Let's summarize what we've found with these p integrals.

If we integrate along a tail going to infinity,

then the p integral converges when p is strictly bigger than one.

It diverges when p is less than or equal to one.

For a blow up singularity at zero, these are reversed.

And we get a convergent integral when p is less than one, and

a divergent integral when p is bigger than or equal to one.

Note, that at the particular value of one, it's always divergent.

No matter whether you're going from zero to one or from one to infinity.

Now you don't need to remember the actual values of the convergent p integrals.

But you do need to remember this chart, this listing

of when the integral converges and when is diverges.

And the reason you need to remember this is because it will help

you determine convergence or divergence of other integrals.

Integrals whose anti-derivatives who may not be so easy to compute.

Let's look at an example.

Consider the integral of dx/(square root of x

squared + x) as x goes from zero to one.

This is a finite domain, however there is a singularity, or

a blow up, at x equals zero.

So how shall we proceed?

I don't know the anti-derivative to this.

It doesn't look like it's going to be terribly easy.

So, let us consider what the leading order behavior for this integrand is.

We're going to think in terms of Taylor series.

Now, this integrand doesn't have a well-defined Taylor series at x equals

zero, since the function is not even defined, and it blows up.

But notice that if we factor out a square root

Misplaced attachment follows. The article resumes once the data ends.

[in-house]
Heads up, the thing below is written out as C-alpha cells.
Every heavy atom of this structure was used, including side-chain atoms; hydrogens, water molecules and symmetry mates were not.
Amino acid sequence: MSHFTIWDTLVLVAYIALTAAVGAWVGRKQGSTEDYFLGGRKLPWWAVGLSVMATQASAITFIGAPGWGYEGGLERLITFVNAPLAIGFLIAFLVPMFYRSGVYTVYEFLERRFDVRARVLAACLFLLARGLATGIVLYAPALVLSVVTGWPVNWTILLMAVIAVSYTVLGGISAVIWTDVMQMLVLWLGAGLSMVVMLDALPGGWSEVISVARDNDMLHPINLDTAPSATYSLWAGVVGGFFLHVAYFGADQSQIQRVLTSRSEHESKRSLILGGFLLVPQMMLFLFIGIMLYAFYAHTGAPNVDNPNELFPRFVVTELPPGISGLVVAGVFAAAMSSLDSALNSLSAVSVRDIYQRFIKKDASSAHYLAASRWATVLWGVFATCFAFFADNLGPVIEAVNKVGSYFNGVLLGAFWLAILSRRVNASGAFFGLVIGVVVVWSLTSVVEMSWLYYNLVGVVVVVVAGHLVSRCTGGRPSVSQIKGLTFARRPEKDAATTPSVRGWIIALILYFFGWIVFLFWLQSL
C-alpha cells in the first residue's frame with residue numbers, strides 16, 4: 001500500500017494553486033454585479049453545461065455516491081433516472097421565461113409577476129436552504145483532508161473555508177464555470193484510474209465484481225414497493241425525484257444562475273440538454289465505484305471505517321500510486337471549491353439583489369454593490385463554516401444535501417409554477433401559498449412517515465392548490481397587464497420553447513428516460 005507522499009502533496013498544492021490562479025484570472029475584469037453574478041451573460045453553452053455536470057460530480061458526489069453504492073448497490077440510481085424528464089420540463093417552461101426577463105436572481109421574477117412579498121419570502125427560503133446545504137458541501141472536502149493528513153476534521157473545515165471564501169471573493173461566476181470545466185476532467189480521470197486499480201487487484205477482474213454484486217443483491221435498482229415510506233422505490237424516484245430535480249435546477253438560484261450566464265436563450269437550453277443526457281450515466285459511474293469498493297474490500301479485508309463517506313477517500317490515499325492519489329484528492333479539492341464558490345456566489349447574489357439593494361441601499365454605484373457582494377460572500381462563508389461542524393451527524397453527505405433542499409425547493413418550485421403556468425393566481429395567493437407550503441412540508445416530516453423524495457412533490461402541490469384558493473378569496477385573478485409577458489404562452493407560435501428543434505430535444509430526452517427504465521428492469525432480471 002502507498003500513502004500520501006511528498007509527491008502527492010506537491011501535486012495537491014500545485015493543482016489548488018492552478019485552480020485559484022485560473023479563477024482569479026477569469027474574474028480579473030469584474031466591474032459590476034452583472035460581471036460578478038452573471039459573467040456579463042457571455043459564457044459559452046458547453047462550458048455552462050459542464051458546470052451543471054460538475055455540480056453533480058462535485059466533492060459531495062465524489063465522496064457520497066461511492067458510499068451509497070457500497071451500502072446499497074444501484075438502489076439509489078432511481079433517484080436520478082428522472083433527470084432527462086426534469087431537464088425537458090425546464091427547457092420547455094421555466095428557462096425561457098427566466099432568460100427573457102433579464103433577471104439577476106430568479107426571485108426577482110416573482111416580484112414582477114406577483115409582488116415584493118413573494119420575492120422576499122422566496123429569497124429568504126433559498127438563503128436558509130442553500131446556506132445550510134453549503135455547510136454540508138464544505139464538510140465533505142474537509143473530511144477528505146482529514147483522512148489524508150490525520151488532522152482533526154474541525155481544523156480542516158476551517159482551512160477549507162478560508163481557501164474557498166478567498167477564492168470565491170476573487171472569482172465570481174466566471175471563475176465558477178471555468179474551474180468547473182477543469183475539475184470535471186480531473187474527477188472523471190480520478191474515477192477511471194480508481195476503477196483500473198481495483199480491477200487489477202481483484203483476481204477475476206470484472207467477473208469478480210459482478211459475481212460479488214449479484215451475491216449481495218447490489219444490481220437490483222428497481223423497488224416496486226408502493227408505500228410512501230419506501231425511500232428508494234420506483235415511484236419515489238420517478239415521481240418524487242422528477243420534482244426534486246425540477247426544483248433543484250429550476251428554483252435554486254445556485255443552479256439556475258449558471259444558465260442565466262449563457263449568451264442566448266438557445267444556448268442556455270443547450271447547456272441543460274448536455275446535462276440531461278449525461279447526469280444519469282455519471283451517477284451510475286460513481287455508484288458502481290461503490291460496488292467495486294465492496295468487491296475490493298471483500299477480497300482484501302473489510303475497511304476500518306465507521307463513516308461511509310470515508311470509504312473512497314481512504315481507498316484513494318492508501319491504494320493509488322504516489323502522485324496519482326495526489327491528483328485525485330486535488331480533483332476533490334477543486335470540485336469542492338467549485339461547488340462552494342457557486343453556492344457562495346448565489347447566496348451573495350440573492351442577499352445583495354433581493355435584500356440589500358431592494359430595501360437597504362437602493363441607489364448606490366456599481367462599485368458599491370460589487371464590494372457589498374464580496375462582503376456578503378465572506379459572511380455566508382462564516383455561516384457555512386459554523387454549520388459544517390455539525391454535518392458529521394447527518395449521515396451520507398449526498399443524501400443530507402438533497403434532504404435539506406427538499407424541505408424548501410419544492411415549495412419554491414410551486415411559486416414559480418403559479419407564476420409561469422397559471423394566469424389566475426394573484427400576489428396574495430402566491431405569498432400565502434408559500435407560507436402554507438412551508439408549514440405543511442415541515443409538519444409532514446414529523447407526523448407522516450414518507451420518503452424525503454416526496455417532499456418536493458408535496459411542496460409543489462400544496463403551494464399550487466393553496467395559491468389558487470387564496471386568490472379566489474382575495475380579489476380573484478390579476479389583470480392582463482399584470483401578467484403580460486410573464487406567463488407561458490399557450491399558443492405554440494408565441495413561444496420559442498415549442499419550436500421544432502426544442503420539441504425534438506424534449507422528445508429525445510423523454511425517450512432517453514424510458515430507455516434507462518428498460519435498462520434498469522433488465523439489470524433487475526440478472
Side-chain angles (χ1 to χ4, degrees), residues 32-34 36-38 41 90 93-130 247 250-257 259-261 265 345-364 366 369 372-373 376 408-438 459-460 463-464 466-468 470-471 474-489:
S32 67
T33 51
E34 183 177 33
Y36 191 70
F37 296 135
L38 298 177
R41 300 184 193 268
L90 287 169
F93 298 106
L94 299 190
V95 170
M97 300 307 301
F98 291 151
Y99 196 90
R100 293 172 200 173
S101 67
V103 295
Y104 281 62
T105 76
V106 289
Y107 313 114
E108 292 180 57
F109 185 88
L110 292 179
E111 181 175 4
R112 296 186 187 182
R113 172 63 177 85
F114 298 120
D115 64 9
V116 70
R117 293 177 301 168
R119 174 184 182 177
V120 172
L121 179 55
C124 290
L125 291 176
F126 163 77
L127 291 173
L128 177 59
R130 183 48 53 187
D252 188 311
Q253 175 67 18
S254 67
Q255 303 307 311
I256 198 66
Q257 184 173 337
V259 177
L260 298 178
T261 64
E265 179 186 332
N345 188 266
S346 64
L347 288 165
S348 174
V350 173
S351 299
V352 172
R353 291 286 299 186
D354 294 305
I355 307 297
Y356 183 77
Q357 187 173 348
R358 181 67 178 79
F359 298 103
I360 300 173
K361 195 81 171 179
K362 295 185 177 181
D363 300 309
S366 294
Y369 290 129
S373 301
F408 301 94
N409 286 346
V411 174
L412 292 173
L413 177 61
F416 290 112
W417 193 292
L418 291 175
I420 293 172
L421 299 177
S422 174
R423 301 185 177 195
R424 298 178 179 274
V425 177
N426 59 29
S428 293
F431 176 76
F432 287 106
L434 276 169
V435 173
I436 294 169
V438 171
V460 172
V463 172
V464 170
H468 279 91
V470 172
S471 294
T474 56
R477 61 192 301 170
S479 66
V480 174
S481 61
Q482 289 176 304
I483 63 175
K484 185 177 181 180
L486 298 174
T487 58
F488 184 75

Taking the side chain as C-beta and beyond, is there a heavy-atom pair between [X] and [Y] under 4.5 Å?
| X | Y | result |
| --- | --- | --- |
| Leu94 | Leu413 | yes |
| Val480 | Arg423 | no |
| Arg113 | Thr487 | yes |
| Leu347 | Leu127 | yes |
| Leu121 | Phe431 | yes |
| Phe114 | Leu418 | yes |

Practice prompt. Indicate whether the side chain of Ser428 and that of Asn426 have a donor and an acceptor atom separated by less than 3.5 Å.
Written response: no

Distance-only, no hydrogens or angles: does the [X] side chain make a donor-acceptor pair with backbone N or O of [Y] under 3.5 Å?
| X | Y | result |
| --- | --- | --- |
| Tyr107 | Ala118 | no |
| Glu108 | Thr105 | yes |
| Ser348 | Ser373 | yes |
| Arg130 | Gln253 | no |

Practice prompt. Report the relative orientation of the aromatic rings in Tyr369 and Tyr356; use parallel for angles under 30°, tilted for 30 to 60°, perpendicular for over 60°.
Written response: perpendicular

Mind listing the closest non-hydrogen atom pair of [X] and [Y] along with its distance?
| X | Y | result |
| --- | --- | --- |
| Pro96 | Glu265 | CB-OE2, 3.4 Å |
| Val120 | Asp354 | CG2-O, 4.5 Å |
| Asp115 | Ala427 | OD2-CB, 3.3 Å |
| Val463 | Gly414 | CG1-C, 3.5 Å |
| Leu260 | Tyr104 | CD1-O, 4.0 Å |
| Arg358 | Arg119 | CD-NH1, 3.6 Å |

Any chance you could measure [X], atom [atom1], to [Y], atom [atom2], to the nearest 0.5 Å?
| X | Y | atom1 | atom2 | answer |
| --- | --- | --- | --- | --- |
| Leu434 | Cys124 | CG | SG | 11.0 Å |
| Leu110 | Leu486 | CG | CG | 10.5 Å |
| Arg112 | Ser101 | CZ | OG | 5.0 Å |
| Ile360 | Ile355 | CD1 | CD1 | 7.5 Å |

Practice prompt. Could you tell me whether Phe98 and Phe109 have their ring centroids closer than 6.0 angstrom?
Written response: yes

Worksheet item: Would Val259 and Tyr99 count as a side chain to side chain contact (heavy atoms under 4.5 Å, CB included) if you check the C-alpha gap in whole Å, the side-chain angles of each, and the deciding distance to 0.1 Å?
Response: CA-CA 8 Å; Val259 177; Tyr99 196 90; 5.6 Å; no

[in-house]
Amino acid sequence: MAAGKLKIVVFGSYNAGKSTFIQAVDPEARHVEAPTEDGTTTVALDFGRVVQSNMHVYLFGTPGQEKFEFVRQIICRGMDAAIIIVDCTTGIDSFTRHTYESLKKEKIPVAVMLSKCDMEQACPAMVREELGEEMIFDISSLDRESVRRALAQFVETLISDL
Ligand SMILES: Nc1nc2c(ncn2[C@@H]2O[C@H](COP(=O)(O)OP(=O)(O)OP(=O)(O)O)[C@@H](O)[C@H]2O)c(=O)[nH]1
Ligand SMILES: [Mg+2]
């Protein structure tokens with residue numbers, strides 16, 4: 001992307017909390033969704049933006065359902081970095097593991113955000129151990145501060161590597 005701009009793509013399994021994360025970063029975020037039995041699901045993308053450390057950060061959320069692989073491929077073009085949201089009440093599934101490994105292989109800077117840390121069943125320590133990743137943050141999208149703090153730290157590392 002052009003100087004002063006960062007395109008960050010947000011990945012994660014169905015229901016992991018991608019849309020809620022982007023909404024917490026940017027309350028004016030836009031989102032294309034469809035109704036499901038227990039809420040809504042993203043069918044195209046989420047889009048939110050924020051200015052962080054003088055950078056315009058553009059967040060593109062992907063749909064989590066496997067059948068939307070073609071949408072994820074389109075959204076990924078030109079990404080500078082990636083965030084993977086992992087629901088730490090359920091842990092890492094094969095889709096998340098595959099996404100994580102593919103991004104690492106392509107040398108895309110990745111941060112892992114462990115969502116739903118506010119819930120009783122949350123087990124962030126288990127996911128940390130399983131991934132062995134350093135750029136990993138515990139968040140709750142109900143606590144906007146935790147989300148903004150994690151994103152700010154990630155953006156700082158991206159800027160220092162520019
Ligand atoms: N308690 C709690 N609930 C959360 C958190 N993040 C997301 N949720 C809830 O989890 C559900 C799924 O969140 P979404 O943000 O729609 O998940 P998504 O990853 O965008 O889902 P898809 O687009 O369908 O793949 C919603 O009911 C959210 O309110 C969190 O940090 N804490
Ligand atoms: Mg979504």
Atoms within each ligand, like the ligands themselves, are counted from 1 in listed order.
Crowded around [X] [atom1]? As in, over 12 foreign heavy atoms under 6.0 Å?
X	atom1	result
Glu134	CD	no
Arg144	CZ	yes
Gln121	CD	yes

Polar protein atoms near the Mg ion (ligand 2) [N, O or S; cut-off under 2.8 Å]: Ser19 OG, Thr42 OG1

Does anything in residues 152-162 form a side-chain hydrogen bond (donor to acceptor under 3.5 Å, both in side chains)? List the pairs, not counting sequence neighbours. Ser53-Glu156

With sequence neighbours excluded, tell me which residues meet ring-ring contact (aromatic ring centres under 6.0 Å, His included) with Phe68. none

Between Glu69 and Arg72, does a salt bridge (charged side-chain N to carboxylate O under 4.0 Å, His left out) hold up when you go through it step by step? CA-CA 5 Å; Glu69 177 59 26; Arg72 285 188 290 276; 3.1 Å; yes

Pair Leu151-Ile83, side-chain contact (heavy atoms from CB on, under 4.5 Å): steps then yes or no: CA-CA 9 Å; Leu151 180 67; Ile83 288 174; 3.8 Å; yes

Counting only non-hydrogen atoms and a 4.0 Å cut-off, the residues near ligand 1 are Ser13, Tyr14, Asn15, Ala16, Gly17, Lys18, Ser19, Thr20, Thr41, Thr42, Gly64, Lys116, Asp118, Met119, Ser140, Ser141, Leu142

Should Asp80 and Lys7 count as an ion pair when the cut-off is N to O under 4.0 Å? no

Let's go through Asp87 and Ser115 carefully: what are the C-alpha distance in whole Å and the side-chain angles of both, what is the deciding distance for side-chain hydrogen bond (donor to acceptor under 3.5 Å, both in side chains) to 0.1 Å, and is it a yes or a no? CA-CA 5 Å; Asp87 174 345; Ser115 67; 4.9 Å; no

of x from the denominator, then we're left with

1/(square root of x+1) as a factor.

Now let's rewrite that,

thinking that we are going to be looking at what happens as x is near zero.

I can write this as (x to the -1/2) times quantity (1+x) to the -1/2.

And this then is helpful, why?

Because the binomial series says that whenever you have (1+x) to the alpha,

as x is small, then this is of

the form one plus something in big O of x.

Now if we apply that to the (1+x) to the -1/2 term,

then we get the integral as x goes zero to one of x to the -1/2

times quantity 1 + something in O(x).

And we see that the leading order term

in this integrand is x to the -1/2.

So I'm going to split this up into two integrals.

The first is a p integral with p equals 1/2.

The second is an integral whose precise form I haven't written down,

but it's something that is in O(square root of x), and indeed, is bounded.

And I'm integrating it over the domain from zero to one.

The integral on the right definitely converges.

What about the integral on the left?

Well remember, I said you had to memorize some of these.

Let's go back and recall that when p equals one half,

for a blow up p integral, it converges.

Therefore, we know that this entire integral converges.

We may not know the value, but we know it converges.